A 5K run is a fun part kick off of the Pioneer Days celebration in Guymon, Oklahoma. Men, women, children, anyone who thinks they can make it almost to the finish line, are invited to participate. Click on the picture to look at the smiles on these faces and you'll catch some of the enthusiasm generated by this event.
Now, one thing that really gets the old juices rolling at a rodeo is the parade. Back when I was a kid sneaking off work to watch the Helzapopping Rodeo Parade the thing I liked best was the candy being flung my way. But even then I took time to notice the two prancing palominos that led the way. Every horse in the rodeo was guzzied up to beat the band. All the trappings flashed with silver and gold and cowboys I'd never seen in a clean shirt before would be wearing white satin shirts and a hand-tooled calf leather vest. Bands pumped out a solid blast of powerful music. Rodeo Queens doffed their hats to anyone who smiled at them. That first parade I went to only lasted about 30 minutes. Today the parade at Guymon Oklahoma is so big it takes two whole hours or more to watch all of it on Saturday morning. How about YOU getting into the parade? "Sure! Anyone may be in it (we do ask that you pre-register, but the honest truth is that we don't turn anyone away). Parade winners get plaques to prove they were beautiful." Call 580-338-3376 to get in.
Rodeos deliver excitement and entertainment virtually non stop. It is a natural time for anyone with talent to show it off. If you can play the fiddle or sing a western tune there will be a time and a place for you to hop on the bandstand with a crowd to watch. The applause is generous and the cheers are spontaneous -- for rodeos truly are a time of rejoicing.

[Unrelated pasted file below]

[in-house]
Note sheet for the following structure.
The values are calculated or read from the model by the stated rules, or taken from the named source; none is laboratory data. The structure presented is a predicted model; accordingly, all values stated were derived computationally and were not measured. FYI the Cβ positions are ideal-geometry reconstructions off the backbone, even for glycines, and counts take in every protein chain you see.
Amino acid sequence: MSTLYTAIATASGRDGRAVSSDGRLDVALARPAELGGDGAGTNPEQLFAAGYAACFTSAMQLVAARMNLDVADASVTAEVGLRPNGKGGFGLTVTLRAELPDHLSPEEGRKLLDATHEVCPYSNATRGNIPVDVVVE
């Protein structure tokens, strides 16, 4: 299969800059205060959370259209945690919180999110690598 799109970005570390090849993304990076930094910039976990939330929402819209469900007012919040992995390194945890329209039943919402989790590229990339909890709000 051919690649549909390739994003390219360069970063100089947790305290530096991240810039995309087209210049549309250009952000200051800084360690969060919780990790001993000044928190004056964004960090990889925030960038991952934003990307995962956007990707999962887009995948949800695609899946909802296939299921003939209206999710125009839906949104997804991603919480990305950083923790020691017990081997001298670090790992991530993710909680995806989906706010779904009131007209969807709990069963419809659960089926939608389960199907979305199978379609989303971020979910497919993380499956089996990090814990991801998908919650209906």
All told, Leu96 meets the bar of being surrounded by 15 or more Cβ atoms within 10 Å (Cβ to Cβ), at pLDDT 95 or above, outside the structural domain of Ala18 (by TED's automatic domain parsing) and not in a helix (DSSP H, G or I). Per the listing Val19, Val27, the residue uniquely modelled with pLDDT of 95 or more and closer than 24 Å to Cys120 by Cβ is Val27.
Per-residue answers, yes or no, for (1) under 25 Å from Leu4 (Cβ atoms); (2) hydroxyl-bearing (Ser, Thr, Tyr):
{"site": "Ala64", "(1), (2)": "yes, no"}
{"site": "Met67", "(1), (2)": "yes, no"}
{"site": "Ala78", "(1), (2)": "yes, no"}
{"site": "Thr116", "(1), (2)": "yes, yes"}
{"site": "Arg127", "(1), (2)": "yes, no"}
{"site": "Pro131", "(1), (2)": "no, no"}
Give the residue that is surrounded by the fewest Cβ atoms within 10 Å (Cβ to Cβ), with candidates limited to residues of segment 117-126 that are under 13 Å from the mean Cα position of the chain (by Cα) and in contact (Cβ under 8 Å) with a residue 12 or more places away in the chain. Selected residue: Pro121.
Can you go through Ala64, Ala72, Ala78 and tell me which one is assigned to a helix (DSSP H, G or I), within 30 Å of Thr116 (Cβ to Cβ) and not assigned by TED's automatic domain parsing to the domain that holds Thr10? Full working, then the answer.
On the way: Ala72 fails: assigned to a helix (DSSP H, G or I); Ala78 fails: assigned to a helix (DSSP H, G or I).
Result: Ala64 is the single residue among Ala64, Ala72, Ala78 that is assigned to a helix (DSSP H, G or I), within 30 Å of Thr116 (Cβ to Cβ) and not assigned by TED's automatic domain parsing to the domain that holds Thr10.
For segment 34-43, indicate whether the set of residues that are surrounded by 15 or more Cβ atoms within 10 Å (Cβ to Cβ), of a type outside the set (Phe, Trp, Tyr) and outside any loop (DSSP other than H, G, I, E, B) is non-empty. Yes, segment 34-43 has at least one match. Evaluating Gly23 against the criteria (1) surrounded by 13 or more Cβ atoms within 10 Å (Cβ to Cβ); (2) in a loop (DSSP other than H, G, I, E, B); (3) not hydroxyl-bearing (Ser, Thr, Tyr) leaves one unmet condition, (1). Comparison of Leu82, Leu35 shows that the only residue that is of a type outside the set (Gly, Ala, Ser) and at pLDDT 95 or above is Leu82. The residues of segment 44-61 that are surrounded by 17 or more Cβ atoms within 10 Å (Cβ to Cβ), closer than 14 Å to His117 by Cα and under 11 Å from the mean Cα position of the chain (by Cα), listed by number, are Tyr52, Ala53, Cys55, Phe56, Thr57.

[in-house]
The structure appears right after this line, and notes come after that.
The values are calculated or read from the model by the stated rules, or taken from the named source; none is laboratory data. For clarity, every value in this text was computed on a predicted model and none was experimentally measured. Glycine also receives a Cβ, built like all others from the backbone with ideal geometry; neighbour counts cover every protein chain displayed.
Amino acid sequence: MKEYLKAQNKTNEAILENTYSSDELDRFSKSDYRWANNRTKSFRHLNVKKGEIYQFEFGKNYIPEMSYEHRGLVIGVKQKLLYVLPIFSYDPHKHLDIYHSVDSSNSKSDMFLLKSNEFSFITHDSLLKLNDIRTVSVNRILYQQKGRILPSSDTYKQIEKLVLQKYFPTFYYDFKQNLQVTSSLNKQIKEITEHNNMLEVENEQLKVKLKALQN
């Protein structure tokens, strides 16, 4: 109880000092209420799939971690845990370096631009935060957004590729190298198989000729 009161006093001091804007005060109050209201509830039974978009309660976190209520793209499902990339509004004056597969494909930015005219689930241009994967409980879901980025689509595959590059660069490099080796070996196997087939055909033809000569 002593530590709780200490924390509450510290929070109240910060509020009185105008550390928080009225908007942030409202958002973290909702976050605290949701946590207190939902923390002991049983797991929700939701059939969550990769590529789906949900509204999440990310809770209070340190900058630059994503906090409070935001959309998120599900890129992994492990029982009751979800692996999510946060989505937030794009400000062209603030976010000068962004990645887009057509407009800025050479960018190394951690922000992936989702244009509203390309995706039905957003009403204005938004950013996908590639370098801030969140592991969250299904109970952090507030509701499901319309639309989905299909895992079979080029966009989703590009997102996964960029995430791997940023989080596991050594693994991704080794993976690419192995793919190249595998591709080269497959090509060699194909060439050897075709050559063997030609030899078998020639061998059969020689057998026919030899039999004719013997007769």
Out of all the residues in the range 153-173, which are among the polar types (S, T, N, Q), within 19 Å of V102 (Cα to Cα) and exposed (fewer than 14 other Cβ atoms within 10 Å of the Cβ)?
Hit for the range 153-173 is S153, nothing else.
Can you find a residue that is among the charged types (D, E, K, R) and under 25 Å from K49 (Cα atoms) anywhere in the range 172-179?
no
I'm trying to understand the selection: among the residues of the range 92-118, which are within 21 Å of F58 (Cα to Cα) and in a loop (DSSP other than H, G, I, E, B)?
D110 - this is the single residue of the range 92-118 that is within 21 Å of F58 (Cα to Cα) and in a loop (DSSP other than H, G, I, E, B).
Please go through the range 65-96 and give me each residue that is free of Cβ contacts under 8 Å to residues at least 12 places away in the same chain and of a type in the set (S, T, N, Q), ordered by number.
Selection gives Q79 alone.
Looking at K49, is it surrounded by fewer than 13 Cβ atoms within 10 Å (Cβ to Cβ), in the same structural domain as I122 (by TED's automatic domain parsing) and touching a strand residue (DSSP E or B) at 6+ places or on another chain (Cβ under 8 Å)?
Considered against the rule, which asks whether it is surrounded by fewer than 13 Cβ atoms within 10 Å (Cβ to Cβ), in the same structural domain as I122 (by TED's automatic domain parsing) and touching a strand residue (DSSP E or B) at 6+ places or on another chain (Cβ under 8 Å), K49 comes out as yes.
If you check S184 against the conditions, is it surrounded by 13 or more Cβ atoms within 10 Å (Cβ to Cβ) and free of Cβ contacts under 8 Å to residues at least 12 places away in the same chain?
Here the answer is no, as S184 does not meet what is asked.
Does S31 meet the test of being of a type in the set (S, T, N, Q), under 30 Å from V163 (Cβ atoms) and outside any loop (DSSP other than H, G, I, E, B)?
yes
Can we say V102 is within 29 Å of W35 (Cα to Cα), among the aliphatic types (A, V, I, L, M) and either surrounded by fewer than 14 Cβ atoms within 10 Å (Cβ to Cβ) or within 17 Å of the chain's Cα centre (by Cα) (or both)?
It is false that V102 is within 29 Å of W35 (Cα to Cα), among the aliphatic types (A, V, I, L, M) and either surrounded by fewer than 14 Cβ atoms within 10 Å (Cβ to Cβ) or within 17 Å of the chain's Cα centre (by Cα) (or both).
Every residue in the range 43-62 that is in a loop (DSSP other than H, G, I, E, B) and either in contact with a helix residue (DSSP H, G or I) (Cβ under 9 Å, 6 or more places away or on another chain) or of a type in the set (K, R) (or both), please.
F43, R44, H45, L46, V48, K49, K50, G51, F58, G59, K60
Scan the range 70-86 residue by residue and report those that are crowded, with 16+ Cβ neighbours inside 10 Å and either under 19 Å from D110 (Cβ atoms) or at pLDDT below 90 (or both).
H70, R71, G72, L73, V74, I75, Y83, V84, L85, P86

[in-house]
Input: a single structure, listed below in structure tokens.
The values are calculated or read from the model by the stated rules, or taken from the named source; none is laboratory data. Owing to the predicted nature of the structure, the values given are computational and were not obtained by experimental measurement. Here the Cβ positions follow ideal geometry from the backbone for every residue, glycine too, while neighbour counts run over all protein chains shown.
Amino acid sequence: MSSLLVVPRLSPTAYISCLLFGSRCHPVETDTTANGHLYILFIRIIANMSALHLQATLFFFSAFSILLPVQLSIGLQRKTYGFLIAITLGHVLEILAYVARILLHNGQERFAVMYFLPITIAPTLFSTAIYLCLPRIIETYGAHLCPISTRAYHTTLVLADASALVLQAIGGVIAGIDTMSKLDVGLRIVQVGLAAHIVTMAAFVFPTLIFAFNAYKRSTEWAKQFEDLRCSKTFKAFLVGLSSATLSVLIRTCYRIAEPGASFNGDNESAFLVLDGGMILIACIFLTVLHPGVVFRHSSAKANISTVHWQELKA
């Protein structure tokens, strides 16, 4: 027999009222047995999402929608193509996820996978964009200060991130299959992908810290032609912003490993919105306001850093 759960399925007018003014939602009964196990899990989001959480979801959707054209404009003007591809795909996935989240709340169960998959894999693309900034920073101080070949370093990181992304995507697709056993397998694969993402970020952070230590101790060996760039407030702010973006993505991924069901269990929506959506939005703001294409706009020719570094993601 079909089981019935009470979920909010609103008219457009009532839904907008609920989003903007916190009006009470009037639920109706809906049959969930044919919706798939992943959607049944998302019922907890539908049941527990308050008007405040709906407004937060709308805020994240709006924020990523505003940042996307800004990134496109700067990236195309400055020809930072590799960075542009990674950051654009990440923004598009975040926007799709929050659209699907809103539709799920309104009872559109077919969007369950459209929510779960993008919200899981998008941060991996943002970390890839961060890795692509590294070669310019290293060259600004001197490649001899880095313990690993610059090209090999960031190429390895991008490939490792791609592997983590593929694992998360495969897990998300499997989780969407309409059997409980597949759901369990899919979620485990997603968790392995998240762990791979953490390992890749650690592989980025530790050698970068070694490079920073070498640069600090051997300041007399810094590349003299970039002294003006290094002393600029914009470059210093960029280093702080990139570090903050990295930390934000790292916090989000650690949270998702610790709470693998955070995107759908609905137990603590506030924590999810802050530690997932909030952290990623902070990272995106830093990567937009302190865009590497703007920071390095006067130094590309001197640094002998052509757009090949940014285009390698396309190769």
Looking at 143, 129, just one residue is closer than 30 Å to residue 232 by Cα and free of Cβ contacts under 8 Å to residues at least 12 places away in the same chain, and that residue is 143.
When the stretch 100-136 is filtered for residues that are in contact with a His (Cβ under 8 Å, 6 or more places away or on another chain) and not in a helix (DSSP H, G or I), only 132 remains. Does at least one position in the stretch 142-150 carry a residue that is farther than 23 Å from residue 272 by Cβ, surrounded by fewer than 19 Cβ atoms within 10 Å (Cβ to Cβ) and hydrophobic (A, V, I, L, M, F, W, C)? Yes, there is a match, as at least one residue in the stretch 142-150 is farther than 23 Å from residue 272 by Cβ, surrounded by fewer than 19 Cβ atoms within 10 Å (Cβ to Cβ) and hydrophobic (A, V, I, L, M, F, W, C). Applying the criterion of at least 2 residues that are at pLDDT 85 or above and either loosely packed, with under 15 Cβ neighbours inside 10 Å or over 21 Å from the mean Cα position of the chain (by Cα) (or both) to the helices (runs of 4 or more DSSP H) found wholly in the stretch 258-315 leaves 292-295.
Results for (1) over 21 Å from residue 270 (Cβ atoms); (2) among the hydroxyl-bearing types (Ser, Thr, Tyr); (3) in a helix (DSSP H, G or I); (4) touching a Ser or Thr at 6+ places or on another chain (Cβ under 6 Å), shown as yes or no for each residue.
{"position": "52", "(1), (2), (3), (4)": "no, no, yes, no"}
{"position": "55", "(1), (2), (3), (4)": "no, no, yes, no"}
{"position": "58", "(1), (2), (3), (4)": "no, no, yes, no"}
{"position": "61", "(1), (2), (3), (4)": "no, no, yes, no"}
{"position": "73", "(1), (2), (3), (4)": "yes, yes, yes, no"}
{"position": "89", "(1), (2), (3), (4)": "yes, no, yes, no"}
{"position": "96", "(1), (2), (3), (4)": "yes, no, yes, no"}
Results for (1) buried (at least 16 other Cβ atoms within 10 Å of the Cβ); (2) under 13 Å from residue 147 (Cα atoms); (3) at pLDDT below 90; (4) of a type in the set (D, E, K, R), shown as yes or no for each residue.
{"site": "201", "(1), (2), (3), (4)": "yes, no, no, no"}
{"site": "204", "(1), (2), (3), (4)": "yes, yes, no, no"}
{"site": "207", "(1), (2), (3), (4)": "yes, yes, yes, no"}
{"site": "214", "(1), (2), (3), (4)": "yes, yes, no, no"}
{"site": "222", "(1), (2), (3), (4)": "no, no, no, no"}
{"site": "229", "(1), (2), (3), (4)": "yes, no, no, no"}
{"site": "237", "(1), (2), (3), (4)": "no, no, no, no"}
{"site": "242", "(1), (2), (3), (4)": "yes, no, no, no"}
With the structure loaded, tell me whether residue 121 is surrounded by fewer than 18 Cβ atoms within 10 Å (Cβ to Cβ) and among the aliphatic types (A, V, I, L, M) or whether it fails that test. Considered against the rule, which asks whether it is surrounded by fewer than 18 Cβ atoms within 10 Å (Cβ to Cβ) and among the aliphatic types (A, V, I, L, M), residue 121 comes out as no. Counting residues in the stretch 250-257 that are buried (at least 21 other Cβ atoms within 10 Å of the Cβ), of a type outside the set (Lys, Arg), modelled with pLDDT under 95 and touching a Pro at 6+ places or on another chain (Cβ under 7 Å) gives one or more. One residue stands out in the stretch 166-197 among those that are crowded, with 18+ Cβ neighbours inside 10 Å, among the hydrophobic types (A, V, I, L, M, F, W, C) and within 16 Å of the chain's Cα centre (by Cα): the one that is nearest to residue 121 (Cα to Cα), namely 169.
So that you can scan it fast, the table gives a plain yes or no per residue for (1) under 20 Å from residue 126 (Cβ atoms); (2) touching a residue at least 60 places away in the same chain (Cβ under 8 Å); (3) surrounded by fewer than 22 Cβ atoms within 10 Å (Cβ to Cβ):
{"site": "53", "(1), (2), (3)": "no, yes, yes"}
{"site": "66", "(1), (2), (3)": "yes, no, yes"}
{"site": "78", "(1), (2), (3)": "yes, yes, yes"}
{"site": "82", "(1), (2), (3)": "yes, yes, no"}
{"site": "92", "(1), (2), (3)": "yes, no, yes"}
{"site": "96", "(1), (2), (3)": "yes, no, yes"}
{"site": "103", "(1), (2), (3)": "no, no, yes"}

Just where in the world is Guymon Oklahoma, you might ask? Well, I'm glad you asked because that gives me an excuse to tell you. Guymon is found in the skinny panhandle of Oklahoma. Amarillo Texas is 120 miles away to the south. Guymon is about 4 hours northwest of OKC -- 6 hours from Denver and 7 hours from Dallas. You can call the Chamber of Commerce for tickets at 580-338-3376.
Motel accommodations are plentiful and there is a nearby RV park, Southwind RV Park, 580-338-7415.
About the photographer: Larry Wiggins does not have a web site and his phone number is 580 338 7187. Larry is one very nice guy and willing to help anyone get lasting memories, especially of rodeos.
Lin Stone is a professional author, writer and photographer, but obviously not as good with a camera as Larry is. More of his work can be found on http://www.talewins.com/StoneSoup.htm
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Click HERE for MORE great rodeo information. You'll even find John Wayne Clips. You will find photos of Bronc Riding, Bull Riding, Horse Pictures, Ranch, Ranch Rodeo, and a large Photo Gallery on top of all that. Best of all, you'll find an up to date list of rodeo events yet to come.